While working at a YMCA camp in Anchorage, Alaska over the summer, Shaquelle Massey was required to learn CPR and first aid.
He's never had to use such emergency measures, but on Sunday, the 19-year-old Mesa Community College student came pretty close.
About 2:30 p.m. as he was walking home from Fiesta Mall to his apartment at the Fiesta Park Apartments, 1032 S. Longmore Drive, Massey's quick actions helped save a 5-year-old boy's life after Massey noticed him floating at the bottom of the complex's pool.
And Massey has yet to know the boy's name who was revived by paramedics at the scene and transported to Banner Cardon Children's Medical Center.
The boy's condition was not known, according to the Mesa Fire Department.
"I was just walking by the pool," Massey said. "When I first saw him, I thought he was playing a joke, but after not seeing him move at all for about three seconds, I knew he was in trouble. I jumped in the pool, pulled him out and called 911. He started coughing and spitting up water."
Massey, who is majoring in sociology and plays on the MCC football team, said he hadn't seen the boy at the apartment complex before. However, he often sees small children in the pool, sometimes supervised, other times, not.
A sign posted at the Fiesta Park Apartments swimming pool says no children under 18 are permitted to swim without adult supervision, according to a worker at the complex.
Ed Swift, founder of Phoenix-based Children's Safety Zone, which reports water-related incidents in Arizona and provides water safety tips, said on Monday that barriers around pools and supervision are key to helping to prevent water-related incidents.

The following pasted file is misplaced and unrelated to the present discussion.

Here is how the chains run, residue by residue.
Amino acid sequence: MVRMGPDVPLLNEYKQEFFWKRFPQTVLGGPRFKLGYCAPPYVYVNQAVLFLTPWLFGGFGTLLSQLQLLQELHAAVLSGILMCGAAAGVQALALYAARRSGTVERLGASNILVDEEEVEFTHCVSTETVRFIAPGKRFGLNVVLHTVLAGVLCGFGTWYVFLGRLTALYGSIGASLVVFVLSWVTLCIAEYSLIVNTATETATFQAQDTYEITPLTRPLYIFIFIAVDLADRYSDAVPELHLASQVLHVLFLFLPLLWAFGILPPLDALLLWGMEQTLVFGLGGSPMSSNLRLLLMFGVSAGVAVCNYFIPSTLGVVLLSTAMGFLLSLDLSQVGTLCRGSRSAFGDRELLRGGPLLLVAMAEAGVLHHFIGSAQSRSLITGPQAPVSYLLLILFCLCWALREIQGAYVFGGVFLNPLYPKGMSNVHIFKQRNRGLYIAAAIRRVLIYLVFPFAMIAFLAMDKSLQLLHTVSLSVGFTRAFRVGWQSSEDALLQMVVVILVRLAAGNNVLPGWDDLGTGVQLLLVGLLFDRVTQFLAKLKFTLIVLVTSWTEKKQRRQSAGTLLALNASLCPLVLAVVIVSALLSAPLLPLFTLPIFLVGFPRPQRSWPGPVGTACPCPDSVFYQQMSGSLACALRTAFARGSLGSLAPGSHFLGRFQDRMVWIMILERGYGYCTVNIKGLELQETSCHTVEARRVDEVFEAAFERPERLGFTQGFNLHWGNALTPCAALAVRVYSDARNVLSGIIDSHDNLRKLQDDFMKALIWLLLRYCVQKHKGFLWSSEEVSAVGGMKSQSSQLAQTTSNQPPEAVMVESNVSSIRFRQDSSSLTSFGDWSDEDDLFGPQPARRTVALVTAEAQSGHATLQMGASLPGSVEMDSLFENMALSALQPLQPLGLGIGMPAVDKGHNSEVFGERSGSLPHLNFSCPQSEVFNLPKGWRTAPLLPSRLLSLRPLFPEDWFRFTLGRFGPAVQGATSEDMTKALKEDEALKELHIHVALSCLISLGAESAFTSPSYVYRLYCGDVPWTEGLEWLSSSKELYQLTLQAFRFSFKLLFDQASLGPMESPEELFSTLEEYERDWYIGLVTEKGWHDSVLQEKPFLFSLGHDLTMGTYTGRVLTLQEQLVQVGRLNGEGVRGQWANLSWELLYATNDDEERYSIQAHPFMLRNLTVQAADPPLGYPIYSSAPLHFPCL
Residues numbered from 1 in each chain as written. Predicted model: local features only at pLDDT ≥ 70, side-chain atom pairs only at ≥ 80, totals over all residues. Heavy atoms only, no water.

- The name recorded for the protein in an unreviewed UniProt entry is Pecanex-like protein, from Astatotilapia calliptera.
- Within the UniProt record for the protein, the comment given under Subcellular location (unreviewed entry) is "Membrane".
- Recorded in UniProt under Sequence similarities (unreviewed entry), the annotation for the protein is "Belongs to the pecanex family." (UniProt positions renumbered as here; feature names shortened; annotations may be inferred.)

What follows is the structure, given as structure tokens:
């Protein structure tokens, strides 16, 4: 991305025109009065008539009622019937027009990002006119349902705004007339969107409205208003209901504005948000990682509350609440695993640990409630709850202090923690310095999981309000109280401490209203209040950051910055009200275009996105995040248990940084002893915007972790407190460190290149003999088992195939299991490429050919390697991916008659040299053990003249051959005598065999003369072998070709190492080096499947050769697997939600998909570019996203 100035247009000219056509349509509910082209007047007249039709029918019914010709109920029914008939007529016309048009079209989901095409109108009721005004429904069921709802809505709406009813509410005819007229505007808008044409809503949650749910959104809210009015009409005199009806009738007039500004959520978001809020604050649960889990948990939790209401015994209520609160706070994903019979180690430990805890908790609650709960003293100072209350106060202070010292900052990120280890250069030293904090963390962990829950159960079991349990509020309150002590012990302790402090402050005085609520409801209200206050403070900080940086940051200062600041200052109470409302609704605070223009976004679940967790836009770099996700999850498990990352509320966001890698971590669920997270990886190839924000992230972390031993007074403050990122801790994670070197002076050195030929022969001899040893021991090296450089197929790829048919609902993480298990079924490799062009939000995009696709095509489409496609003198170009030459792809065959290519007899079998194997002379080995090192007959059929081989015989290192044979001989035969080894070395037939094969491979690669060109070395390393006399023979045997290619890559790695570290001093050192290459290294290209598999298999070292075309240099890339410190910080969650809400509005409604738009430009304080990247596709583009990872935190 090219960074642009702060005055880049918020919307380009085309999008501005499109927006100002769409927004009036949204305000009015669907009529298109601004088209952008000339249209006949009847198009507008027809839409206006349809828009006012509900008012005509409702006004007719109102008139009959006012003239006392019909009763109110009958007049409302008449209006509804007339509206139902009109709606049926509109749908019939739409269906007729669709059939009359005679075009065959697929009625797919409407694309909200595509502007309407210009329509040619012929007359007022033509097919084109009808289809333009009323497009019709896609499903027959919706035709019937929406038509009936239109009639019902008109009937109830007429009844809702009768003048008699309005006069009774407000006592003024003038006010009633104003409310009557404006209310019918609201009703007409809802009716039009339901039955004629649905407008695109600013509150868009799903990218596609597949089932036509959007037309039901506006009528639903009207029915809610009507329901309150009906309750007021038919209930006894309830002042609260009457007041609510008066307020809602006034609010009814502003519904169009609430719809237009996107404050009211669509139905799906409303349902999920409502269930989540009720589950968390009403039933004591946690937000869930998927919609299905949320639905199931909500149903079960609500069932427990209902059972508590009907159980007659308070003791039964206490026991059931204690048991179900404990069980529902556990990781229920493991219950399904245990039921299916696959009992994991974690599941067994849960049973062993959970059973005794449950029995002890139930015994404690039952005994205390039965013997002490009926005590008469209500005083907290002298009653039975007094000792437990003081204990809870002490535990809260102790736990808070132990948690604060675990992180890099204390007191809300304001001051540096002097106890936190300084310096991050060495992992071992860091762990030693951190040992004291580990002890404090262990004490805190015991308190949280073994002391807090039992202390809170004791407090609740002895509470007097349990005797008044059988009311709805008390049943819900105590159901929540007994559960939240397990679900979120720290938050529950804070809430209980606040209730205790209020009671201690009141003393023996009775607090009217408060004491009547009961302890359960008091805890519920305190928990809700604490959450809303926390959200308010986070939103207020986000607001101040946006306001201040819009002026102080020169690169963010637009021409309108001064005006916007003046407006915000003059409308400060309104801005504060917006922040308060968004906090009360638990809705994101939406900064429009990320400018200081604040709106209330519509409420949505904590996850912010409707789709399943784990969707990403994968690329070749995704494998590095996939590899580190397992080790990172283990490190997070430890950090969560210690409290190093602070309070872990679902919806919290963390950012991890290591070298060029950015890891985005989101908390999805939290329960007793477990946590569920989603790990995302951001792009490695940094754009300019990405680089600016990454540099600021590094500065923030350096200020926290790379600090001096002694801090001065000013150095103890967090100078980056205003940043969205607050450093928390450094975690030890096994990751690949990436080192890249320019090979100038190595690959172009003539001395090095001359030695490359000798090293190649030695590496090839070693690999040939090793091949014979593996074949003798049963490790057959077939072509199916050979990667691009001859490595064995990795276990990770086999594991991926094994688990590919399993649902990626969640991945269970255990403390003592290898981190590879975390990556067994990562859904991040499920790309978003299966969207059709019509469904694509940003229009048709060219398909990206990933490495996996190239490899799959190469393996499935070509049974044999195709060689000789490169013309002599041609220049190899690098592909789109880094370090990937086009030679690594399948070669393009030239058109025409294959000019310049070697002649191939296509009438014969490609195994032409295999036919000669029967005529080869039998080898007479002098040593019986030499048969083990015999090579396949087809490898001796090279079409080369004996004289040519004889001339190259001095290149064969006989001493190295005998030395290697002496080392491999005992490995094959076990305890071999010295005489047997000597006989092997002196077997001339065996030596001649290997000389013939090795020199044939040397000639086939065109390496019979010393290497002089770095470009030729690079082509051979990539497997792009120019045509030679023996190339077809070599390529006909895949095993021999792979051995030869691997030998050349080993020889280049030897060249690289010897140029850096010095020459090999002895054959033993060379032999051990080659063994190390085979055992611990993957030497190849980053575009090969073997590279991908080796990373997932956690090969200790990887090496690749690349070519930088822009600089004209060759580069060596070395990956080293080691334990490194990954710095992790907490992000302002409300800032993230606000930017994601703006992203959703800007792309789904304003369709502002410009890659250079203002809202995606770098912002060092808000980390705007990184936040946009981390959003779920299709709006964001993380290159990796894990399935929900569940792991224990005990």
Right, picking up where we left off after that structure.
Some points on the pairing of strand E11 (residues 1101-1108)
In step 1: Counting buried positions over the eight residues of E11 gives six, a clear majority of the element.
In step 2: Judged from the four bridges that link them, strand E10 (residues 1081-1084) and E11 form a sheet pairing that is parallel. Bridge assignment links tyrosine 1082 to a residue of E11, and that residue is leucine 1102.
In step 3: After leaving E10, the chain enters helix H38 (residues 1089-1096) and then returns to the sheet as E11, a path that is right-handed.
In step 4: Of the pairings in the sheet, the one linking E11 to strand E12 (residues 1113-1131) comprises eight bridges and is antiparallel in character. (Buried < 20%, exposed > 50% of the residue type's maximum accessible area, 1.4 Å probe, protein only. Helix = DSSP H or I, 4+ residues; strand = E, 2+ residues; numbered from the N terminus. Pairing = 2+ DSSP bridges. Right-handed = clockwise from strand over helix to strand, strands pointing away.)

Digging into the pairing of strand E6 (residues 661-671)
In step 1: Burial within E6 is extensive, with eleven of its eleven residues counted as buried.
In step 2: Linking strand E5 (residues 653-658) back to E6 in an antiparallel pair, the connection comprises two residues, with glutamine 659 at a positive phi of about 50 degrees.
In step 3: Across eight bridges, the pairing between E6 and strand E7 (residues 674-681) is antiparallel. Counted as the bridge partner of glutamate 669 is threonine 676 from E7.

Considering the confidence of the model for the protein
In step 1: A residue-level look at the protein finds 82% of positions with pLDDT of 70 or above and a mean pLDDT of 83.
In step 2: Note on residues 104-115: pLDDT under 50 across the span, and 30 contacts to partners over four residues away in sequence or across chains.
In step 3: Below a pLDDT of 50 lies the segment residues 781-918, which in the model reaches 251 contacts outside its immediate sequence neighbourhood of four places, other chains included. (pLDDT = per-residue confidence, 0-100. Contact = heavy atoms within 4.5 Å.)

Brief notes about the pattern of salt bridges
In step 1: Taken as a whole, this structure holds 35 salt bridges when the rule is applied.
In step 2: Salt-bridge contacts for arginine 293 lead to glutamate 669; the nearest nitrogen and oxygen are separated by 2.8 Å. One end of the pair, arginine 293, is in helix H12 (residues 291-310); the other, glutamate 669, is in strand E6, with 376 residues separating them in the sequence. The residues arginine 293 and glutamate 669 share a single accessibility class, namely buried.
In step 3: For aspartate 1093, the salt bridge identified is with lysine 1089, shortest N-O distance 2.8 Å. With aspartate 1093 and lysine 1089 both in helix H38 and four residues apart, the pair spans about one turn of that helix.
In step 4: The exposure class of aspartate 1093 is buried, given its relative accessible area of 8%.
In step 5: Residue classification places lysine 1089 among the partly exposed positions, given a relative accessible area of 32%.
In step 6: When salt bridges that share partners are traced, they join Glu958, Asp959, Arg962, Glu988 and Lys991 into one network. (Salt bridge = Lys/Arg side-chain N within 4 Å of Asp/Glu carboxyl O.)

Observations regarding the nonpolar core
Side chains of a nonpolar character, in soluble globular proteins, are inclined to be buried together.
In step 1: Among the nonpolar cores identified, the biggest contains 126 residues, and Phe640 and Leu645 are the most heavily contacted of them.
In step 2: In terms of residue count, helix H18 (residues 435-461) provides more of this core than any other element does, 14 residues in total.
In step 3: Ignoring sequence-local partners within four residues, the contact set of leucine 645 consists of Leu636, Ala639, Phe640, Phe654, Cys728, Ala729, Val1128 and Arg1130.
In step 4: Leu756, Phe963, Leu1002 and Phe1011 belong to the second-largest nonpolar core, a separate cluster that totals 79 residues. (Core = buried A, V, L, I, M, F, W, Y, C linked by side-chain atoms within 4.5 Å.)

Although summer is over, such incidents in Arizona are common as hot temperatures continue for at least another two months, Swift said.
"Drownings never stop," Swift said. "They are more prevalent in the summer, but in the fall, pools aren't too cool to get into yet. You always need to have barriers up and make sure the kids are being watched."
Swift said that about half of child drownings or near drownings are in pool settings or during pool parties.
"Everyone thinks that someone else is watching the children," Swift said.
In the East Valley this year, Apache Junction's only water-related incident resulted in the drowning death of one child.
Chandler has experienced 17 water-related incidents with one child drowning as of Monday, according to Children's Safety Zone statistics.
Gilbert has experienced six water-related incidents this year, but had two child fatalities.
Mesa, the East Valley's largest city, had 10 incidents and three fatalities with one child drowning, and Tempe had eight incidents with two adult drownings.
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